Adjunct Law Prof Blog

Editor: Mitchell H. Rubinstein
New York Law School

Tuesday, November 23, 2010

Plagiarism On Line

Lines on Plagiarism Blur is an interesting Aug. 1, 2010 NY Times article. It is about how students of today do not realize that there is plagiarism on the internet. As the article states:


And at the University of Maryland, a student reprimanded for copying from Wikipedia in a paper on the Great Depression said he thought its entries — unsigned and collectively written — did not need to be credited since they counted, essentially, as common knowledge.

Professors used to deal with plagiarism by admonishing students to give credit to others and to follow the style guide for citations, and pretty much left it at that.

But these cases — typical ones, according to writing tutors and officials responsible for discipline at the three schools who described the plagiarism — suggest that many students simply do not grasp that using words they did not write is a serious misdeed.

It is a disconnect that is growing in the Internet age as concepts of intellectual property, copyright and originality are under assault in the unbridled exchange of online information, say educators who study plagiarism.

Mitchell H. Rubinstein

Misc., Legal | Permalink


And who taught the students?

Posted by: PTL | Nov 25, 2010 7:57:36 AM

Every syllabus for every class I have taken in college said quite clearly, "Wikipedia is not a valid source." Usually in all caps.

Posted by: DanH | Nov 25, 2010 8:26:47 AM

This is probably exacerbated by the fact that Wikipedia is explicitly under a "Creative Commons" license. Someone unsophisticated in the terms of art might imagine that this means it's common knowledge.

HOwever, an undergrad's ignorance of the ins and outs of a fairly controversial area in copyright law is no excuse.

Posted by: Charlie (Colorado) | Nov 25, 2010 8:38:42 AM

Let me point out that going into excruciating detail about plagiarism and how to cite even Wikipedia [which I'd prefer they use only for guidance to other articles] doesn't prevent even reasonably intelligent students from using non-cited work. It seems to be a losing battle.

Also, they don't seem to grasp that: a) we recognize when they're not writing in "their own voice", and; b) if they found it online so can we.

[my favorite was a very obviously deliberate plagiarism of "The New Hampshire Handbook for Local Government Officials." ;->=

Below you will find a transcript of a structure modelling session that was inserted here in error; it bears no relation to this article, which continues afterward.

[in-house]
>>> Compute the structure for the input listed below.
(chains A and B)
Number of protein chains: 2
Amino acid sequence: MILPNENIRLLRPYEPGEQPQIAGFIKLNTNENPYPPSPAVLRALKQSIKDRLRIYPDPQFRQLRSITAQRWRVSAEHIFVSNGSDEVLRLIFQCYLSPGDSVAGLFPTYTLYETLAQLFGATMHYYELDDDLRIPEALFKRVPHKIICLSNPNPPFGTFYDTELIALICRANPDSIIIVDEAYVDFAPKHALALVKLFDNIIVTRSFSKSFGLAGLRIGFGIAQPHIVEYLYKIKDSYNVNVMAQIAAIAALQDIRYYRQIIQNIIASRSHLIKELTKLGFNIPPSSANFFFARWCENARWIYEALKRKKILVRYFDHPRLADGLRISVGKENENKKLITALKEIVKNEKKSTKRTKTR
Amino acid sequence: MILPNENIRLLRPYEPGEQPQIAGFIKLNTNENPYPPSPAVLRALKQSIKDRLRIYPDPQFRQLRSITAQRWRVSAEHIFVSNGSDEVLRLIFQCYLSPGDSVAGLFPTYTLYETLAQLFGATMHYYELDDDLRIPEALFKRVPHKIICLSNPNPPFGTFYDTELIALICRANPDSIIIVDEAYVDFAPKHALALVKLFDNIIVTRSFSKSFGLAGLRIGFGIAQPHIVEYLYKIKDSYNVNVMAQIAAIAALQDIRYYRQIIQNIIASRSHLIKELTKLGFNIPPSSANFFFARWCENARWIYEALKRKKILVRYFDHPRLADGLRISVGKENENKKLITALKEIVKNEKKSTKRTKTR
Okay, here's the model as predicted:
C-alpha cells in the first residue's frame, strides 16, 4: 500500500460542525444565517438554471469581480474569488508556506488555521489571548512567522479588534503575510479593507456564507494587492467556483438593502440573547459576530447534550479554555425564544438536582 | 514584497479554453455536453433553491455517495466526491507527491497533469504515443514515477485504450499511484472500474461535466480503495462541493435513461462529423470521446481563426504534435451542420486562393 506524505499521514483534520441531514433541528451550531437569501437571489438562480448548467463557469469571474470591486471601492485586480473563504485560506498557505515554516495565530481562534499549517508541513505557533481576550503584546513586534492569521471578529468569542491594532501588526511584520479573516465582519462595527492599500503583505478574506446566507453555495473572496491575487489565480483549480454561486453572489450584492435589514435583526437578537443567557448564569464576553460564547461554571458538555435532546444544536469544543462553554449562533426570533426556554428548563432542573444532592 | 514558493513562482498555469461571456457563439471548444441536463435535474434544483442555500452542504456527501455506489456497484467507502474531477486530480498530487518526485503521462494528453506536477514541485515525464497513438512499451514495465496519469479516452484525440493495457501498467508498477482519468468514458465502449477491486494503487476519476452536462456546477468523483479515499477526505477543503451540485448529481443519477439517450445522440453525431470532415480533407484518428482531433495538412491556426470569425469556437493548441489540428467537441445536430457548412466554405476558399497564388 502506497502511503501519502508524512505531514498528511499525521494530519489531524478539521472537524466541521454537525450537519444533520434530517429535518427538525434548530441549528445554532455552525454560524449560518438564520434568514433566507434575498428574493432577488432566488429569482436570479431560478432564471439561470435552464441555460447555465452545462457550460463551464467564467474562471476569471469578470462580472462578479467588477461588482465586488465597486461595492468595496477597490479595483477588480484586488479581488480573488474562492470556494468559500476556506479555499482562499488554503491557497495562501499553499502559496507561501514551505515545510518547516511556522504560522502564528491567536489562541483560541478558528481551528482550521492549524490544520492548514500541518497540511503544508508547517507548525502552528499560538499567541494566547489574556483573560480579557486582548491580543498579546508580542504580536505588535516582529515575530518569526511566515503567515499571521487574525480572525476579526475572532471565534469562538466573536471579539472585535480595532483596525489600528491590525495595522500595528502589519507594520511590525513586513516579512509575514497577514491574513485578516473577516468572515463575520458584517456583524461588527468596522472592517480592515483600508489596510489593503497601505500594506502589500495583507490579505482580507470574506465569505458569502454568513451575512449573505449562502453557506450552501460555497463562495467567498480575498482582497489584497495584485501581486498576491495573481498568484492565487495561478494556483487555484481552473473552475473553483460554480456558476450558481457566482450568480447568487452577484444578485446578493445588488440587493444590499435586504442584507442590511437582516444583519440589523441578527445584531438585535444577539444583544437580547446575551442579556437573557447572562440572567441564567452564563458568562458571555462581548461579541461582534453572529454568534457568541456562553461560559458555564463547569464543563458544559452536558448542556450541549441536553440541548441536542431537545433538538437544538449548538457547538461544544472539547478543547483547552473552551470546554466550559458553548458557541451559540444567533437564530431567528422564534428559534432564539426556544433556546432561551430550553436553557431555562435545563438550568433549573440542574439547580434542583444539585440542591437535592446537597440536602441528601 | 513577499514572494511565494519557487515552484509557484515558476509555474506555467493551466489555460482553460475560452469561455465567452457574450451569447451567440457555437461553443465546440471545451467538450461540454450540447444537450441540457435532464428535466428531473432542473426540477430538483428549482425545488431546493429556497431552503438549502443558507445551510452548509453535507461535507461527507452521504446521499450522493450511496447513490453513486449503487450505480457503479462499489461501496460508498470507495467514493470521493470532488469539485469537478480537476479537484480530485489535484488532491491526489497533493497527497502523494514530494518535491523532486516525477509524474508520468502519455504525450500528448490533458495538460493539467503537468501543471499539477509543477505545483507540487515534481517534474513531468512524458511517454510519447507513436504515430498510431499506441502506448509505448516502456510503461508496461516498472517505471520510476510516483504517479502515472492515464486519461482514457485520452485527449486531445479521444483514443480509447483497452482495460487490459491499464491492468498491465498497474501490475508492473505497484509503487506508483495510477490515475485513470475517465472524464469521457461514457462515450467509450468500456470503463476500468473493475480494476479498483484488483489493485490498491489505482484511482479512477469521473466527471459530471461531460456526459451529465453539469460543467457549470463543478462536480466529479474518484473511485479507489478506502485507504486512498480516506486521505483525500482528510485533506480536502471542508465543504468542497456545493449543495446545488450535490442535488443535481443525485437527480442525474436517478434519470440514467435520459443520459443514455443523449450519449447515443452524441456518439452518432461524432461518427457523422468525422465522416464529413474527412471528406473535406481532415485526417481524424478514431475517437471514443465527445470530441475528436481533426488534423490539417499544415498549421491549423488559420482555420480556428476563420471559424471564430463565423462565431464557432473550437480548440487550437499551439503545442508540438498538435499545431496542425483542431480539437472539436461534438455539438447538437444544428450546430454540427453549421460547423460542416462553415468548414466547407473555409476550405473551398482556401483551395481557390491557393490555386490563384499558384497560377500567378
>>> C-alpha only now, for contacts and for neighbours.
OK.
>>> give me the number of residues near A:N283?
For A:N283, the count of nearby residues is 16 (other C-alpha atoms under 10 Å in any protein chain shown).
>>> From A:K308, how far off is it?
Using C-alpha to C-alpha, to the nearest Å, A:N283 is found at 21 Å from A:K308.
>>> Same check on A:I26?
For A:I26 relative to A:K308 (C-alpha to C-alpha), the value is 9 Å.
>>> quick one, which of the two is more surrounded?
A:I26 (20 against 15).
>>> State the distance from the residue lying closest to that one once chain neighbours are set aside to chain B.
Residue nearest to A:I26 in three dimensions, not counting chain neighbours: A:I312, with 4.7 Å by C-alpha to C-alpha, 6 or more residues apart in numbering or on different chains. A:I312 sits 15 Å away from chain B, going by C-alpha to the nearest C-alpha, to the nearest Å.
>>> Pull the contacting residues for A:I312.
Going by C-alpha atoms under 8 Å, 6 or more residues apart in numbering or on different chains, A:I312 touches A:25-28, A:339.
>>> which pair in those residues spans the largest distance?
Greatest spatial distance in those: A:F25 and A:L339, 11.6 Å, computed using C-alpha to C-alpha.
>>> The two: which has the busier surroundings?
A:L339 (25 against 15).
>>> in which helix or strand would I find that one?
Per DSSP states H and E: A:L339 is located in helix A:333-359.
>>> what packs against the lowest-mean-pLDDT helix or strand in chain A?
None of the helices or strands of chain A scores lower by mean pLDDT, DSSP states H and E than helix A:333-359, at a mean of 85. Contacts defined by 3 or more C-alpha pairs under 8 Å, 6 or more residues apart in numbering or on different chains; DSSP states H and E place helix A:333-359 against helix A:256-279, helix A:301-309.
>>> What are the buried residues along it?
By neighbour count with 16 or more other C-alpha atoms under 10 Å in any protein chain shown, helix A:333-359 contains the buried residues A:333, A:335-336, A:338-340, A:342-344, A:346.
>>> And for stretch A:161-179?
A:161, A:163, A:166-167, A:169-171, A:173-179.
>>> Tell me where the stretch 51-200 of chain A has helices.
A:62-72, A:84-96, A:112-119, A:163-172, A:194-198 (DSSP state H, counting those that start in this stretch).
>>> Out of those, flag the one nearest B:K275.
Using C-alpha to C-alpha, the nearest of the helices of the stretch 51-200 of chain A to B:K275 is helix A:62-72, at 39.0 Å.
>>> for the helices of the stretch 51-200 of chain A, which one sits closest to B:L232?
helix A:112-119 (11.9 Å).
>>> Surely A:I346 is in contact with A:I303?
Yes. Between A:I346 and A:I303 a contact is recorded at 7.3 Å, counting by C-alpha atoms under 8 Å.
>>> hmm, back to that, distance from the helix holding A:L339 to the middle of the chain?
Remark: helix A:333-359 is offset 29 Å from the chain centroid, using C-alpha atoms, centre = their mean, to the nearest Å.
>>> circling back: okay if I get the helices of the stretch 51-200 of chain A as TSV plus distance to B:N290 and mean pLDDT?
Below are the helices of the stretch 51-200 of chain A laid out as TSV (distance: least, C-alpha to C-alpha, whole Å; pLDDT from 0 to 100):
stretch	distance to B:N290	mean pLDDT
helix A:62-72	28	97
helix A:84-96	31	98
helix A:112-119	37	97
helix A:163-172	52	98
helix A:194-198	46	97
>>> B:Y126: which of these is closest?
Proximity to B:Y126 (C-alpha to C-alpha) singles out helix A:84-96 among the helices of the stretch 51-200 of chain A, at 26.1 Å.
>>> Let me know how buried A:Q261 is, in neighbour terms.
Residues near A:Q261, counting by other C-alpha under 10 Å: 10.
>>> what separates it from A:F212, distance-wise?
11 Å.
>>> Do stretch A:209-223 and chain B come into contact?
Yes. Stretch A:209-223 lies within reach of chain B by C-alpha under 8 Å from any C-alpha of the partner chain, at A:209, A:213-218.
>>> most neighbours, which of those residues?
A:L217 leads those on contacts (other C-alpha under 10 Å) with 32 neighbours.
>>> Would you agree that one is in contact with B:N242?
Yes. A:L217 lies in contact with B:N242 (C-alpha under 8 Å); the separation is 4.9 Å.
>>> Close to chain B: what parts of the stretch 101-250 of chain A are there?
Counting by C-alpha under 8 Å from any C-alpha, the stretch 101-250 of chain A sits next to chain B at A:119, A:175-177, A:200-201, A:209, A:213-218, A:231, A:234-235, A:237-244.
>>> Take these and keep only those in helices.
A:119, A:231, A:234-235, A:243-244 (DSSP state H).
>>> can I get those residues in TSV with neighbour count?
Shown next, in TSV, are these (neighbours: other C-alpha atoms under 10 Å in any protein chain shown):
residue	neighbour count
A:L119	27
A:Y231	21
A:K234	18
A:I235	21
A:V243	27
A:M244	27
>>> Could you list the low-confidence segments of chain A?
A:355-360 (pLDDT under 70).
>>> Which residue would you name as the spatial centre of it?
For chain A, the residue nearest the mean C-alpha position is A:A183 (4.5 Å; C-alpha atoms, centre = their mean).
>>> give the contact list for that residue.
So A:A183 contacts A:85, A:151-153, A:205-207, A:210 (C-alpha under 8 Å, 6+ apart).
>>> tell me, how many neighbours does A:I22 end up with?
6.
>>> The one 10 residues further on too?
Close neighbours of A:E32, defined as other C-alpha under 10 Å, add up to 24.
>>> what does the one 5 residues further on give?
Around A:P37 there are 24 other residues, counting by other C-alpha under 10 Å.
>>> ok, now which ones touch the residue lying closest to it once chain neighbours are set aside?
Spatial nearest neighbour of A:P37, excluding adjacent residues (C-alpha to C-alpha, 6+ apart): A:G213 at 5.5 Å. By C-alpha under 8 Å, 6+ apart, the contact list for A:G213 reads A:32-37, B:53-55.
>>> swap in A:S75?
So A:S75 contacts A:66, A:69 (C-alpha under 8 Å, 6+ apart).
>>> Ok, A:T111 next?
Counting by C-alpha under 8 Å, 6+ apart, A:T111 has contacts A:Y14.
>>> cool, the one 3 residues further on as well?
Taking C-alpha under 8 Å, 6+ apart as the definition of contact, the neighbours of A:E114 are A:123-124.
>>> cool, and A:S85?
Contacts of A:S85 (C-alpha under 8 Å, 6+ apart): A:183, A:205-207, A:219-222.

Posted by: JorgXMcKie | Nov 25, 2010 8:41:23 AM

I don't allow wikipedia in my classes either-- though I have to admit I use it myself as a launchpad for research.

Something else needs to be raised, though: more than once, I've found sections or whole pages copied from Wikipedia on other websites. The plagarism goes in both directions: sometimes wikipedia copies (illegally, and against their own guidelines) from copyrighted sources, and sometimes it's the published works which plagarize. In our zeal to highlight wikipedia in particular, are we missing the larger issue by not warning students that unreviewed articles on the internet are every bit as unreliable?

Posted by: asdf | Nov 25, 2010 8:45:14 AM

Reminded of a stand-up comedian from '60s-'70s TV, Milt Kamen, who said, "I write articles for 'Reader's Digest', It's very easy -- you copy them from another magazine and send them in."

Posted by: triplesec | Nov 25, 2010 8:57:20 AM

I teach English compostion to college freshmen. For the most part, they are either oblivious to the fact that they are plagiarizing or could care less.

Too many students today when confronted with their own plagiarsm say "so?". Sad times.

Posted by: Bill | Nov 25, 2010 10:34:10 AM

Perhaps these students' stunted understanding of thievery is abetted by their being consumers and not producers of digital content. Perhaps they need to see someone else profiting from their work, without credit or remuneration given, to understand their transgressions. Since the new generation eschews talk of transgression, and defaults to a paradigm of wounded relationships, they need to see their best friend steal from them to understand. Or go back to the pen & paper exam book with the topic provided at the start of the exam--no notes and with a cell phone jammer blanketing the room.

All in all, I think college kids are pretty quick. They see their profs lauding socialism, which is organized theft, and they want to get it on the act too. Monkey see, monkey do.